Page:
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London’s role in the growing UK Life Sciences sector

In the post-Covid world, Life Sciences as a sector has never been more in demand and it is widely acknowledged that ‘clustering’ Life Sciences expertise is key to driving forward innovation. Bringing together hospitals, universities and industry in a collaborative environment provides the ‘bench to bedside’ research that is essential for progress.

London, which sits at the heart of the Cambridge-London-Oxford ‘golden triangle’, plays a critical role in this. As the home to some of the world’s top universities, academic health science centres and leading medical research institutions, London is well placed to act as a global hub for the Life Sciences sector.

London’s infrastructure makes it particularly well suited to the establishment of clusters, which allow for mobility and collaboration between innovators, clinicians, investors and developers. This can transform the study and practice of healthcare, meaning better trials and, ultimately, greater take up of products. London’s role as a global city also means it can attract and retain the brightest talent.

The Howard de Walden Estate covers 92 acres of Marylebone including the world-renowned Harley Street Medical Area. As home to over 5,000 medical practitioners as well as digital tech and medtech start-ups, it is at the forefront of the conversation about how Life Sciences hubs can be fostered and supported within the capital. I spoke to Mark Kildea, Howard de Walden’s Chief Executive, to find out more.

CI: What do you see as the unique opportunities for London in the Life Sciences sector?

MK: Ideas come from universities but, to roll them out, you need proximity to hospitals. London has both; world-class universities including UCL, King’s College London and Imperial College as well as multiple specialist hospitals which offer greater access to a diverse pool of patients. From a transport and infrastructure perspective London comes out top; London connects all of the UK’s Life Sciences hubs – from Cambridge and Oxford to Stevenage, Milton Keynes and Manchester. It also has the ability to draw the best talent who want to be living and working in a major city with all of the benefits that has to offer, like vibrant retail and a curated space.

CI: What about the challenges?

MK: There is a chronic shortage of space in Central London and a perception (which I would personally dispute) that rents are too high to make Life Sciences spaces financially sustainable. There are real challenges in making sure that a property is fit for purpose and the need for specialist architects and developers to build out suitable spaces. Added to that, there can be difficulties in accessing full hospital care which is essential for NIHR accreditation. The combination of these factors has meant slow growth of commercial Life Sciences hubs across London.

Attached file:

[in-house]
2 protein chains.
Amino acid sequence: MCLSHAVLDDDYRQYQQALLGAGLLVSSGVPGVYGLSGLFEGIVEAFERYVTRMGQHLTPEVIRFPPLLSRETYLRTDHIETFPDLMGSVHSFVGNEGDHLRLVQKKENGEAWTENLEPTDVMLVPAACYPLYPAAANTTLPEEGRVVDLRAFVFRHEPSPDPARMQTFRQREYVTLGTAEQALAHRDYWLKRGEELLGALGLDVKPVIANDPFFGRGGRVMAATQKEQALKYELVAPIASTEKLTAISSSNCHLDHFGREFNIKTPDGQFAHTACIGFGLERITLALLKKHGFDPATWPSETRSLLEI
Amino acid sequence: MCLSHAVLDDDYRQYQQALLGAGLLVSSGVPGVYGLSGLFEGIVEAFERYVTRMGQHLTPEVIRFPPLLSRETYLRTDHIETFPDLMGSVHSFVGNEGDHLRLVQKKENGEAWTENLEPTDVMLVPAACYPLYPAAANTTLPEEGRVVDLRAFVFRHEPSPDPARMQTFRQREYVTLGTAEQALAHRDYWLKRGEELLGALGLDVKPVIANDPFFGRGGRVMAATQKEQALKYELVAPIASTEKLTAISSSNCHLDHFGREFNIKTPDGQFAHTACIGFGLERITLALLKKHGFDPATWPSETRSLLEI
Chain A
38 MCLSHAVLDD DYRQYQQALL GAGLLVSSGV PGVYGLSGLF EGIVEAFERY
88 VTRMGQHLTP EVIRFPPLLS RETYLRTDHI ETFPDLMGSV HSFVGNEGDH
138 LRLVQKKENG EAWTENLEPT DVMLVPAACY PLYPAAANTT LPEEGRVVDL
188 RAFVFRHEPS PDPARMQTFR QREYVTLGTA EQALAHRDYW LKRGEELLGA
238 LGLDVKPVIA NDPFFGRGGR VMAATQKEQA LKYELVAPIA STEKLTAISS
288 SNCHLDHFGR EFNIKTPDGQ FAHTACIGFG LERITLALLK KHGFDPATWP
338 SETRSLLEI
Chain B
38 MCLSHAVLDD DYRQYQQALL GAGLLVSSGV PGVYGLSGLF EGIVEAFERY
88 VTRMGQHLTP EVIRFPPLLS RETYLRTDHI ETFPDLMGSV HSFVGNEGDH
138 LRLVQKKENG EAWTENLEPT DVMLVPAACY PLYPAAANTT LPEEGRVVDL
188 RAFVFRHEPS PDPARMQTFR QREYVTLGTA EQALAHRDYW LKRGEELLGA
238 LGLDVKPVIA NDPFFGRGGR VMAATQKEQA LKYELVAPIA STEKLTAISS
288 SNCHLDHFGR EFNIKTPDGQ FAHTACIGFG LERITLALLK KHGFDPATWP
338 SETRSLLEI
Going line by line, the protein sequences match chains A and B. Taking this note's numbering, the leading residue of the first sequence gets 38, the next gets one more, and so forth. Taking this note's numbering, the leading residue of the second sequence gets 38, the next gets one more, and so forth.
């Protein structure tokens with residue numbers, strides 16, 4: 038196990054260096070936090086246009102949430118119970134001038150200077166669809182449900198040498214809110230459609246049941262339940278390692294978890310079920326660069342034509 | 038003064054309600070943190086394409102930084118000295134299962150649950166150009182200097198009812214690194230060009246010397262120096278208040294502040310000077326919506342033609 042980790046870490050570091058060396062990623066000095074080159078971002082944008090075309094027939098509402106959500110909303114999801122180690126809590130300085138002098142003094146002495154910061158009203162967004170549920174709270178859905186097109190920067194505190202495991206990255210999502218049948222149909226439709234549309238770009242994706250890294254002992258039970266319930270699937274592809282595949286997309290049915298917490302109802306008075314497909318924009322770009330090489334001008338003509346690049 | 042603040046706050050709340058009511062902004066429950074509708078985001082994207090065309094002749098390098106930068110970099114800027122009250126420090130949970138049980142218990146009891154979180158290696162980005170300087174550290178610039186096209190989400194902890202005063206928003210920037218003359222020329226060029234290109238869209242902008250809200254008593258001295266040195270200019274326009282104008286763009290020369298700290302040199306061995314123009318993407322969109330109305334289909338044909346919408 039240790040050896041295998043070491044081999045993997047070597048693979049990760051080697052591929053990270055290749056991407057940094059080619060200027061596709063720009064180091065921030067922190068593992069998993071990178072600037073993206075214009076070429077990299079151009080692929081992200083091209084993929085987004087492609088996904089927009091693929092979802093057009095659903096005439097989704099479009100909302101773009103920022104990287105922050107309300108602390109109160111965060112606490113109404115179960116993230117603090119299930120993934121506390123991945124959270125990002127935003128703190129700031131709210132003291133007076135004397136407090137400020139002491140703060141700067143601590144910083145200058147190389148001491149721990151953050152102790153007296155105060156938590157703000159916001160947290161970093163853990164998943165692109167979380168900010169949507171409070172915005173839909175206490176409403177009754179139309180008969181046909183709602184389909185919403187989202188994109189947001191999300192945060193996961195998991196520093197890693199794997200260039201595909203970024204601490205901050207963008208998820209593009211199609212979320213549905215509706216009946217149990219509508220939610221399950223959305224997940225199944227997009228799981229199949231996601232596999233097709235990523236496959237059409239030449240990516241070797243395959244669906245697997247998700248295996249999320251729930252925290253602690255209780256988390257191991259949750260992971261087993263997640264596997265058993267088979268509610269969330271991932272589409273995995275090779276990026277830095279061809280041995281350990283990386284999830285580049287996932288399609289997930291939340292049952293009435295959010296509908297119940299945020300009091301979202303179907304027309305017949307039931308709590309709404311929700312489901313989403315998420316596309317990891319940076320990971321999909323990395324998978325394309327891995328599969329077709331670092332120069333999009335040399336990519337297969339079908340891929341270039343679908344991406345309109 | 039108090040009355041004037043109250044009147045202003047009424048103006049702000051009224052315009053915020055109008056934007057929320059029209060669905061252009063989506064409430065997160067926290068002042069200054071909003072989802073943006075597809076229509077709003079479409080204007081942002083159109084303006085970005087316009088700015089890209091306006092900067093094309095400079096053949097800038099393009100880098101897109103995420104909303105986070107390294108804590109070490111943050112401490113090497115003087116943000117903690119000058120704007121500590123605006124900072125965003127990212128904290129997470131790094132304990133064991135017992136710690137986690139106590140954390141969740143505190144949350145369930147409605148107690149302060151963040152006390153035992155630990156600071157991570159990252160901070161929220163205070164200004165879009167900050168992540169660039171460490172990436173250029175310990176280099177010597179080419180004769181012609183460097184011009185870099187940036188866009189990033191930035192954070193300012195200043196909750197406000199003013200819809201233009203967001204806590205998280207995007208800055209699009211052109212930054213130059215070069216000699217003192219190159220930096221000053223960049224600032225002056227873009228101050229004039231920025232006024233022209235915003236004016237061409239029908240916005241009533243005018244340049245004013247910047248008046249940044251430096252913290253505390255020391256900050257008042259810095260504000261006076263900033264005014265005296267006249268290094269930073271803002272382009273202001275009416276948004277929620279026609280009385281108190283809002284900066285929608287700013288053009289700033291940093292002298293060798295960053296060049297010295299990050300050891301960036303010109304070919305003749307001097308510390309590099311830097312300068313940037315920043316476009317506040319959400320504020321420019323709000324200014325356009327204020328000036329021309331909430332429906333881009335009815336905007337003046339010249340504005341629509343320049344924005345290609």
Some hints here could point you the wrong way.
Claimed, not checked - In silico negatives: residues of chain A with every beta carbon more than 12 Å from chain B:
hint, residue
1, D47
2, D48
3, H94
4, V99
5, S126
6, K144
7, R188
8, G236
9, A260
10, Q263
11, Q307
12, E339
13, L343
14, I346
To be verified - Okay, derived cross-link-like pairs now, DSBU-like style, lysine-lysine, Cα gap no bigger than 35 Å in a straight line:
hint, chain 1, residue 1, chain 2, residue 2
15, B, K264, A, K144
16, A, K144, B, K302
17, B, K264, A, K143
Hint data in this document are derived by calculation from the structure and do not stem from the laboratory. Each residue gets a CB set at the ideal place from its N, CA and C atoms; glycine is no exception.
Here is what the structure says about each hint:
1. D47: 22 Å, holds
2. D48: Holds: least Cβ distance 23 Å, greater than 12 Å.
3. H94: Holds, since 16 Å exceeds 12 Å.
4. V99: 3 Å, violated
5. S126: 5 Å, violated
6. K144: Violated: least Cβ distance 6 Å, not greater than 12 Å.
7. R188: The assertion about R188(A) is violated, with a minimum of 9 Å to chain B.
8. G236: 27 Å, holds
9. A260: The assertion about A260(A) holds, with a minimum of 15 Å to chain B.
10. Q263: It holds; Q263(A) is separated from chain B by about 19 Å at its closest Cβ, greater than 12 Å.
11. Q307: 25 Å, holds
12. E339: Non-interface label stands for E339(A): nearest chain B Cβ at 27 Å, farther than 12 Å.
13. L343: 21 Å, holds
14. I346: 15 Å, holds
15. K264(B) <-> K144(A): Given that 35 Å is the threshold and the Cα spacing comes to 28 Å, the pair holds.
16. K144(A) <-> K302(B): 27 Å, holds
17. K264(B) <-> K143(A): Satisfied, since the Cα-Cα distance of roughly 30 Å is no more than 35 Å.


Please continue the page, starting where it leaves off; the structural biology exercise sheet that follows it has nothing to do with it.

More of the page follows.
However, this is an exciting time. Advancements in construction and fit-out mean there are now greater opportunities than ever before to create wet lab spaces across the city. With collaboration between landowners, design teams, healthcare providers and organisations, I’m confident that London can cement its role as a global hub for Life Sciences.

CI: How do you see the relationship between the Life Sciences and Healthcare sectors evolving?

MK: The Covid-19 pandemic has emphasised the importance of physical connections between the Life Sciences and Healthcare sectors, in particular with translational or ‘bench to bedside’ research and the delivery of patient care. I think there is a real need for collaboration between both sectors to drive forward innovation. After the past two years, the NHS is under more pressure than ever and trials can get crowded out due to other priorities. Space and staff are at a premium which has a really damaging impact on research and there is a role for the private sector in bridging this gap.

CI: Why is Howard de Walden particularly interested in the Life Sciences sector?

MK: There are a number of reasons why we are looking at Life Sciences across the estate. The proximity t of Marylebone to King’s Cross, organisations like the Francis Crick Institute and the major London universities means we all well connected. We’ve got extensive experience in retrofitting heritage buildings so they are suitable for specialised medical use and the range of properties we own, means we can support organisations from the incubator stage through to scale up.

However, our main ambition is to facilitate collaboration. The Healthcare sector is at the core of our estate – we’re home to a wide range of hospitals and clinics. Healthcare and Life Sciences are inseparable, and we want to enable Life Sciences organisations to tap into the Healthcare opportunities within our estate, connecting research, private capital and hospitals.



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